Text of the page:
ANALYSYS: Power to the People
By Bob Lewis
I recently discovered that my hometown (Louisville, Ky.) power utility has moved to the forefront in the world of e-commerce. LG&E Energy Corp. recently formed LG&E Retail Access Services (RAS) in order to take advantage of new business opportunities created by the deregulation of the electric industry.
To find out more about this new venture, I was directed to Diane Rihn, the manager of business operations for RAS. She described the current state of deregulation in the energy industry. "The electric industry is deregulating much in the same way that the telecommunications industry deregulated to allow competition. So, just as you can get your long distance from AT&T, MCI, Sprint and a myriad of others, you’ll soon be able to buy your electricity from the supplier of your choice."
Deregulation is happening on a state-by-state basis, most notably in California, Pennsylvania and New York. Kentucky has not yet deregulated but this initiative will eventually go nationwide. The whole concept behind the forming of RAS was to offer new players that want to compete in the deregulated world as an alternative energy supplier, a ‘one stop’ shopping for virtually everything needed for a startup operation.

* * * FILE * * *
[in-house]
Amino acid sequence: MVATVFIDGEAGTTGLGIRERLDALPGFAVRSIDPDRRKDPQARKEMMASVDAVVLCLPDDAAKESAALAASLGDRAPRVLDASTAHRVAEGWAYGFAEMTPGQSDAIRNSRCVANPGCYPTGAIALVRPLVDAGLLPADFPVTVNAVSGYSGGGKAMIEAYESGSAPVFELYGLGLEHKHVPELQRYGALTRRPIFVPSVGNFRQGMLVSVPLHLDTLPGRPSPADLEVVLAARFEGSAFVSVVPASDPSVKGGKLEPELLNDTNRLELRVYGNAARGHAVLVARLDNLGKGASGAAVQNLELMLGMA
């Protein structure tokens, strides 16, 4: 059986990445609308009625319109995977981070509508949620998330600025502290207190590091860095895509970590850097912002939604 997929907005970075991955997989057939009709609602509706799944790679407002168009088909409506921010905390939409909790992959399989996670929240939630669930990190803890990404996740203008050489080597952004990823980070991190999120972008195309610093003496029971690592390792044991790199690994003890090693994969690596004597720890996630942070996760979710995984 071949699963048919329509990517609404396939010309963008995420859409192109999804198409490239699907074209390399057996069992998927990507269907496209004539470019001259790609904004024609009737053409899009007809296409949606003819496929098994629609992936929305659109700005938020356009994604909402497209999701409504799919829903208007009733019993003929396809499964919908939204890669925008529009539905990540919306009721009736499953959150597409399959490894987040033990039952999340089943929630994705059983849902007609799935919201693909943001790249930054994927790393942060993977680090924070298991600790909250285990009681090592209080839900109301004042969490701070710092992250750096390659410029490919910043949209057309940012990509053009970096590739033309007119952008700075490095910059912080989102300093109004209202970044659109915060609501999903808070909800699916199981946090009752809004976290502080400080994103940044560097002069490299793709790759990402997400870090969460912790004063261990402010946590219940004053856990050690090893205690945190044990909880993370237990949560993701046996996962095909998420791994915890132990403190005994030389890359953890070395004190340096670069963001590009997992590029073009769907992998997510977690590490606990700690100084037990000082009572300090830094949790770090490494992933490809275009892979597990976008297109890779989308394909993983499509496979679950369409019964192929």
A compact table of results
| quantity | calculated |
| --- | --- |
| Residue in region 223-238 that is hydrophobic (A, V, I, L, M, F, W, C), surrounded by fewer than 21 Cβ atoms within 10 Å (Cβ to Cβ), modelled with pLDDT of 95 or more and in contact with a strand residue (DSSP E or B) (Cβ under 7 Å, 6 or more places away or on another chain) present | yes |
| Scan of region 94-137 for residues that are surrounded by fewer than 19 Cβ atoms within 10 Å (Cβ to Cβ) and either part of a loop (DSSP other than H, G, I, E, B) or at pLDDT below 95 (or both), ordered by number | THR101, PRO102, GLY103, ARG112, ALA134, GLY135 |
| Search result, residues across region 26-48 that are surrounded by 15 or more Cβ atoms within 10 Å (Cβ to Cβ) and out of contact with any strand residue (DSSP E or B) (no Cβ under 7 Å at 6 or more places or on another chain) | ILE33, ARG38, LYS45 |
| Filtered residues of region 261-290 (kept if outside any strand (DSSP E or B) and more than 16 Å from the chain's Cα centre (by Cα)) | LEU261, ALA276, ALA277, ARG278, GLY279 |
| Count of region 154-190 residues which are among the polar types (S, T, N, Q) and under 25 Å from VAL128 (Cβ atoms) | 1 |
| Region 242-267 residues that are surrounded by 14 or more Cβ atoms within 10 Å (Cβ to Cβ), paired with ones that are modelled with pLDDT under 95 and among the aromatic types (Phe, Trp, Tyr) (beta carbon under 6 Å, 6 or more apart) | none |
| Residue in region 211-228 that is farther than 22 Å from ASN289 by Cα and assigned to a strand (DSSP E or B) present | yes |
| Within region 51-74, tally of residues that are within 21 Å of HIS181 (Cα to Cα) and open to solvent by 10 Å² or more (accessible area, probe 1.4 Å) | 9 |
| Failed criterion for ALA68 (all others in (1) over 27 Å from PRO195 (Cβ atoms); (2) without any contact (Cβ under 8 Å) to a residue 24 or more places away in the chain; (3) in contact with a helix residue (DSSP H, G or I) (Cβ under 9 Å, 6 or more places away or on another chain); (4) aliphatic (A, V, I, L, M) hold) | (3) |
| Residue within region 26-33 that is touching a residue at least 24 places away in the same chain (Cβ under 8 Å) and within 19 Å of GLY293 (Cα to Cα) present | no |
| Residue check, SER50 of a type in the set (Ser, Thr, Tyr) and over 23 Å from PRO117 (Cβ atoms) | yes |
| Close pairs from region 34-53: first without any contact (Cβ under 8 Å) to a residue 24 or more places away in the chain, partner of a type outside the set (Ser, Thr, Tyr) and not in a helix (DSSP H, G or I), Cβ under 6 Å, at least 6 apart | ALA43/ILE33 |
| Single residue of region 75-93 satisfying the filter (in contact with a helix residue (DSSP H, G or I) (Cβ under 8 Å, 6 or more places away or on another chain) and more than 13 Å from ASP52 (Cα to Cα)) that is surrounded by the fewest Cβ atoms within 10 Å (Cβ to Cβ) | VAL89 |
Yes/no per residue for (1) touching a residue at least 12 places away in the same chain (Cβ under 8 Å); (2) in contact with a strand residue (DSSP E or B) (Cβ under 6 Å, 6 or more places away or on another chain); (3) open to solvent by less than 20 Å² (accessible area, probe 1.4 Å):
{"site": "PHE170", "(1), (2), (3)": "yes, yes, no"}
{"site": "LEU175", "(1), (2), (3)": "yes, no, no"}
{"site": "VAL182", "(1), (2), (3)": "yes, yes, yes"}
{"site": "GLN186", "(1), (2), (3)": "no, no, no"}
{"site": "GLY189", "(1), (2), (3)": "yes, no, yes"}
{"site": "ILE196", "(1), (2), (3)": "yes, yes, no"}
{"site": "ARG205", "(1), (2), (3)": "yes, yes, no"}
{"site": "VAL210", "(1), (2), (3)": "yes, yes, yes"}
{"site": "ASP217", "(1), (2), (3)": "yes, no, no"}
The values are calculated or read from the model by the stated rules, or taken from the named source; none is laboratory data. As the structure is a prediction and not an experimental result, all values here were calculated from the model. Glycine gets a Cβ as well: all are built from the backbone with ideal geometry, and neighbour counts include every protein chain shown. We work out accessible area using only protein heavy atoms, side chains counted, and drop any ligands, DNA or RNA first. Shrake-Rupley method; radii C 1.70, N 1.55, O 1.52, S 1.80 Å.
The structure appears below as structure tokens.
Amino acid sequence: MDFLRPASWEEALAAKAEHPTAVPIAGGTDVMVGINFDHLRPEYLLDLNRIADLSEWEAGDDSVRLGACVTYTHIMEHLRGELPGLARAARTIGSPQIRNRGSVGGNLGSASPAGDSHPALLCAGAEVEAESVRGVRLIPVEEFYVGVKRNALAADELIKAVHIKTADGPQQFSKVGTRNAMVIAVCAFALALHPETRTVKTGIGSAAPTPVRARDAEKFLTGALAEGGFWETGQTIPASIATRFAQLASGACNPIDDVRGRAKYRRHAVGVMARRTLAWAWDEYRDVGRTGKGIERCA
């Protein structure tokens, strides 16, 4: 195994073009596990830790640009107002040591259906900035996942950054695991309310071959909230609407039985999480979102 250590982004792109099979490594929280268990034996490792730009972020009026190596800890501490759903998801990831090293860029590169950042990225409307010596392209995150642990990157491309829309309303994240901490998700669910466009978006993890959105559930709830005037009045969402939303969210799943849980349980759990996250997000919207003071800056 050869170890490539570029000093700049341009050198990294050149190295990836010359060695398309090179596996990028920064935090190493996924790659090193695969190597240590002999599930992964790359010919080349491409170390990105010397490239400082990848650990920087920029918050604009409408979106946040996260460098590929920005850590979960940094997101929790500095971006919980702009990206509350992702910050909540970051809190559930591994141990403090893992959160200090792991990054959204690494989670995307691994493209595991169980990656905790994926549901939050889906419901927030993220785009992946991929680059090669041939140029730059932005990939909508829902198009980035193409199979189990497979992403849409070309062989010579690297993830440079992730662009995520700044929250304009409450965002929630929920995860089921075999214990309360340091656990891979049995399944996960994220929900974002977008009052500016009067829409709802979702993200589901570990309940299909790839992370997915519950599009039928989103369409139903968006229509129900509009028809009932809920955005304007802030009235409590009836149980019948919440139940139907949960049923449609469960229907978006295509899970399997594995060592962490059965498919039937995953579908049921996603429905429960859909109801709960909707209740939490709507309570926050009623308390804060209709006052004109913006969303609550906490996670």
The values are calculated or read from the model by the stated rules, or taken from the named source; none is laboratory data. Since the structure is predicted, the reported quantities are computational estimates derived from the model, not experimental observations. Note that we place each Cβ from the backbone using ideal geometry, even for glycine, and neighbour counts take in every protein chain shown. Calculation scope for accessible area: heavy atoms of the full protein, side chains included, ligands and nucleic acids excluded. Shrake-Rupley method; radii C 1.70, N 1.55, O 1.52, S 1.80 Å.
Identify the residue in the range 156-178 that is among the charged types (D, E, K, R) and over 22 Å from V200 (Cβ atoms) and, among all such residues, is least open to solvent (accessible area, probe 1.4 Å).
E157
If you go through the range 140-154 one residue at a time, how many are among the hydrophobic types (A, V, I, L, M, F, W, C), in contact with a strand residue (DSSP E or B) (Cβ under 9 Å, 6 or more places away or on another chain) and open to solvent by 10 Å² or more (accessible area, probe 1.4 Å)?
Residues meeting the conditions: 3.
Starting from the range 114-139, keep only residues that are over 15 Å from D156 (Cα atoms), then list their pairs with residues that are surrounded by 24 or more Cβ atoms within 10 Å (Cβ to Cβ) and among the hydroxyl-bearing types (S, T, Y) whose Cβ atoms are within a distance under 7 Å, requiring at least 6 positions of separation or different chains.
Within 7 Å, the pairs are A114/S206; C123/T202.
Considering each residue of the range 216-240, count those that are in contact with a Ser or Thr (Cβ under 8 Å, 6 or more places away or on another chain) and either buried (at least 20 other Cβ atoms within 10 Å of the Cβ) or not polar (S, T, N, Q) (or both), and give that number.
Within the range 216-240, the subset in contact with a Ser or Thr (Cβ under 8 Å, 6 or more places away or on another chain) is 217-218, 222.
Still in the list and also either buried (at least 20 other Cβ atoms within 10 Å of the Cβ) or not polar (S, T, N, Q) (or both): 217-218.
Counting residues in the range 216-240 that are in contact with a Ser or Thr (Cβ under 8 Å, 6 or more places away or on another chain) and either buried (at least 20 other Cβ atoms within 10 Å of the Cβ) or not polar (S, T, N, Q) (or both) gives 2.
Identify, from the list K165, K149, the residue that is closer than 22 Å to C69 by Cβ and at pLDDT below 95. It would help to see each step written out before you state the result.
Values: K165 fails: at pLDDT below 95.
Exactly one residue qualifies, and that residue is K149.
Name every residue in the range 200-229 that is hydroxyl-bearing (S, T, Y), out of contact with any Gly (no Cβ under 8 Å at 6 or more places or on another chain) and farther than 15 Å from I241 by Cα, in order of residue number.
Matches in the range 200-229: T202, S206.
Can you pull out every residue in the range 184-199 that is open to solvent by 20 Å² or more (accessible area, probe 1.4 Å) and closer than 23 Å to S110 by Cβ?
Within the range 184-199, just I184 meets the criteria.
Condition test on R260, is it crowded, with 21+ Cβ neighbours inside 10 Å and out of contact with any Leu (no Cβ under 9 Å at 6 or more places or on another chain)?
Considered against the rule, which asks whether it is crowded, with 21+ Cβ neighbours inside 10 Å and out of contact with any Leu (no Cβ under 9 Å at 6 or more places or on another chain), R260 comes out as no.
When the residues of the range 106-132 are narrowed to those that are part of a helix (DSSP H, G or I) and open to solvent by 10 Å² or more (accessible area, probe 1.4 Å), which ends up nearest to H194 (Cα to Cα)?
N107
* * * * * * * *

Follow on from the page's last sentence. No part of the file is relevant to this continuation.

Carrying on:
Rihn described some of the components of their back-office utility offering. "RAS will purchase the electric meters, install the meters, read the meters, forecast electric demand, schedule and deliver the electricity, and bill the end-use electric customer." To her knowledge, RAS is the only provider of this type of service in the U.S. When she started to explain the size of their operation in California -- 1700 commercial meters -- I was curious how it could be profitable doing business 2,000 miles distant.
Then the e-commerce side of this story emerged with ‘Smart meters’. Each remote electric meter contains a modem, and is set up to call an 800 phone number every hour and transmit data relative to the amount of electricity consumed during the preceding 60 minutes. This unique feature is only one part of the program that makes the RAS operation a success. In addition to using the latest recording technology, RAS is heavily dependent on the Internet to provide many of their other offerings.
Rihn described some of the WWW tools a typical Energy Manager in California has available for their use: hourly electric usage, Web invoicing, on-line local weather conditions, forecasted usage and up-to-date usage for the current billing period, as well as an ‘ad-hoc’ reporting package.
On a personal note, Rihn informed me that she was an IT manager with LG&E for the past 13 years, and was responsible for the development of all of the current RAS systems. Two months ago she transferred out of IT, to become the RAS Business Operations Manager. Her final comment was, "In short, I’m IT’s worst nightmare, when one of their own becomes the user."
A quick look at the RAS chart shows a very ‘neat’ example of the successful e-commerce marriage of Internet, Client Server, and the mainframe. You can visit the RAS Web site at https://www.lgeras.com. This is a secured site so you won’t get much further, but you’ll see more by selecting the button that says "Tell me more about RAS!"
Bob Lewis is VP of IT at the FoodService Purchasing Cooperative Inc. (Louisville, Ky.). He can be reached at firstname.lastname@example.org.